Nearing the end of the year, we began house hunting and fell in love with the perfect property by mere chance. It was a gruelling process I hope to never repeat, but in February 2016, we became homeowners for the first time. That month, I was also offered the great privilege of serving as Secretary on the Medicine Horse Project‘s Board of Directors. If you told me when I was eleven years old that all of my little girl dreams would be coming true at 23 years of age, I honestly probably would have called your bluff.
Unfortunately, those dreams began to slide through my fingers as if they were mere grains of sand. My health was at an all time low and as the bad days turned into weeks, I often found myself bed-ridden for the majority of the day. I not only had to stop working with my clients horses, but found it was too dangerous to work with my own due to my current state of health. In time, I had lost over 20lbs, putting me at an all-time low of 96lbs. I spent many hours in waiting rooms, doctor’s offices and the hospital searching for answers as to why my life was being taken away from me.
It was inevitable that I also had to resign from my duties as Secretary for the Medicine Horse Project. It seemed as if everything I had worked so hard for simply disappeared into the wind. Horses run deep within my veins–sometimes it’s as if they are my very life source. I wish I could put into words the devastation I feel when I am unable to live my life freely with the very creatures I cherish so much–but I’ve found those words simply do not exist.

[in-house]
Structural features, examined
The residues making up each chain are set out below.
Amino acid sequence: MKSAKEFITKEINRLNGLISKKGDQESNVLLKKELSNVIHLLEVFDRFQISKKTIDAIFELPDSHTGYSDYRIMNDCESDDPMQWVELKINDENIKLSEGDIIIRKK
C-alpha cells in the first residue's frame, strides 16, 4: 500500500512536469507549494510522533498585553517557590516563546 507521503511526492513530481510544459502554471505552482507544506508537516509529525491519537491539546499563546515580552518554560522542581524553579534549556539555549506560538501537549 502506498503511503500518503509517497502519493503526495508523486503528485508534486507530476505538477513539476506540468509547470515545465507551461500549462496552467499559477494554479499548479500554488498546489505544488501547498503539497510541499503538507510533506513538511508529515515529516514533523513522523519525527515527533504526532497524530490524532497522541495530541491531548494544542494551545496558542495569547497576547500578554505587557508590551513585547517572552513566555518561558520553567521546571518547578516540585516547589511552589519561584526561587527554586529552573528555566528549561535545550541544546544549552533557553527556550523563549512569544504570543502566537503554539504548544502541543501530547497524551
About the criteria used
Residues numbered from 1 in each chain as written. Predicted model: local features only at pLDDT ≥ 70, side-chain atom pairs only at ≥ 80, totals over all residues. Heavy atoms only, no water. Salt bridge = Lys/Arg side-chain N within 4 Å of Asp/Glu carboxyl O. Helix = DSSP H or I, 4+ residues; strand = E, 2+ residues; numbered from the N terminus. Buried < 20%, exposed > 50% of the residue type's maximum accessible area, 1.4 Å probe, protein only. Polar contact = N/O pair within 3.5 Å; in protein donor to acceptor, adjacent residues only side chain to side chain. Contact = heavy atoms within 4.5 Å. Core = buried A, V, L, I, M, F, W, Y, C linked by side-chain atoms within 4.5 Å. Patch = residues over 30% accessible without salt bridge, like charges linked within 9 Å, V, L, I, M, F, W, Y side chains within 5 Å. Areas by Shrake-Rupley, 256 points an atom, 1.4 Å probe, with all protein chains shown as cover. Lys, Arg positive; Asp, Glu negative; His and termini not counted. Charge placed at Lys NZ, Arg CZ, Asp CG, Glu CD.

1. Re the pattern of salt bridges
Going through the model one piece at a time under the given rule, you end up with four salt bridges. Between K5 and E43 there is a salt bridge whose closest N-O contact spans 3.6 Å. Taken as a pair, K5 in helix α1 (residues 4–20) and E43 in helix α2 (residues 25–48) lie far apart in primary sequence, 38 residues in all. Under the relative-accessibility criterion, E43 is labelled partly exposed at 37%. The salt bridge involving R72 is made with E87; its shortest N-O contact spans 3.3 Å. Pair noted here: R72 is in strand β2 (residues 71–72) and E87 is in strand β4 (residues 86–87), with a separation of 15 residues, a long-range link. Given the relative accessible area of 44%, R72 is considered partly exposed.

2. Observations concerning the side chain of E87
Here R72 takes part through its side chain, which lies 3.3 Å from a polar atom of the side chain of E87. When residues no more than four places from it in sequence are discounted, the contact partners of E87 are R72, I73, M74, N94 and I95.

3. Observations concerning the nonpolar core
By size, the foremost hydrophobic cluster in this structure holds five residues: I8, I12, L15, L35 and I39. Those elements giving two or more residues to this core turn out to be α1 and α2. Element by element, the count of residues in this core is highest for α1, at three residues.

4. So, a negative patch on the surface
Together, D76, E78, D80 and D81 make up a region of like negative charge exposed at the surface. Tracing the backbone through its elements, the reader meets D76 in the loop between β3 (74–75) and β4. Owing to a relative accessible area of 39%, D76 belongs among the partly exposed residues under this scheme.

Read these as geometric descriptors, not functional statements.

As some of my friends in the horse community had noticed, I had quietly drawn away from it all. Through losing Eternity and this entire year of losing my independence and my ability to work with horses, I have learned that I severely lack coping skills when it comes to being forced apart from the creatures I love most. In the beginning, it’s nearly an impossible battle against depression when there are constant reminders of what I’ve lost and the opportunities I am missing out on. It takes time for me to be able to immerse myself back into the horse community once again–despite my ability to physically partake.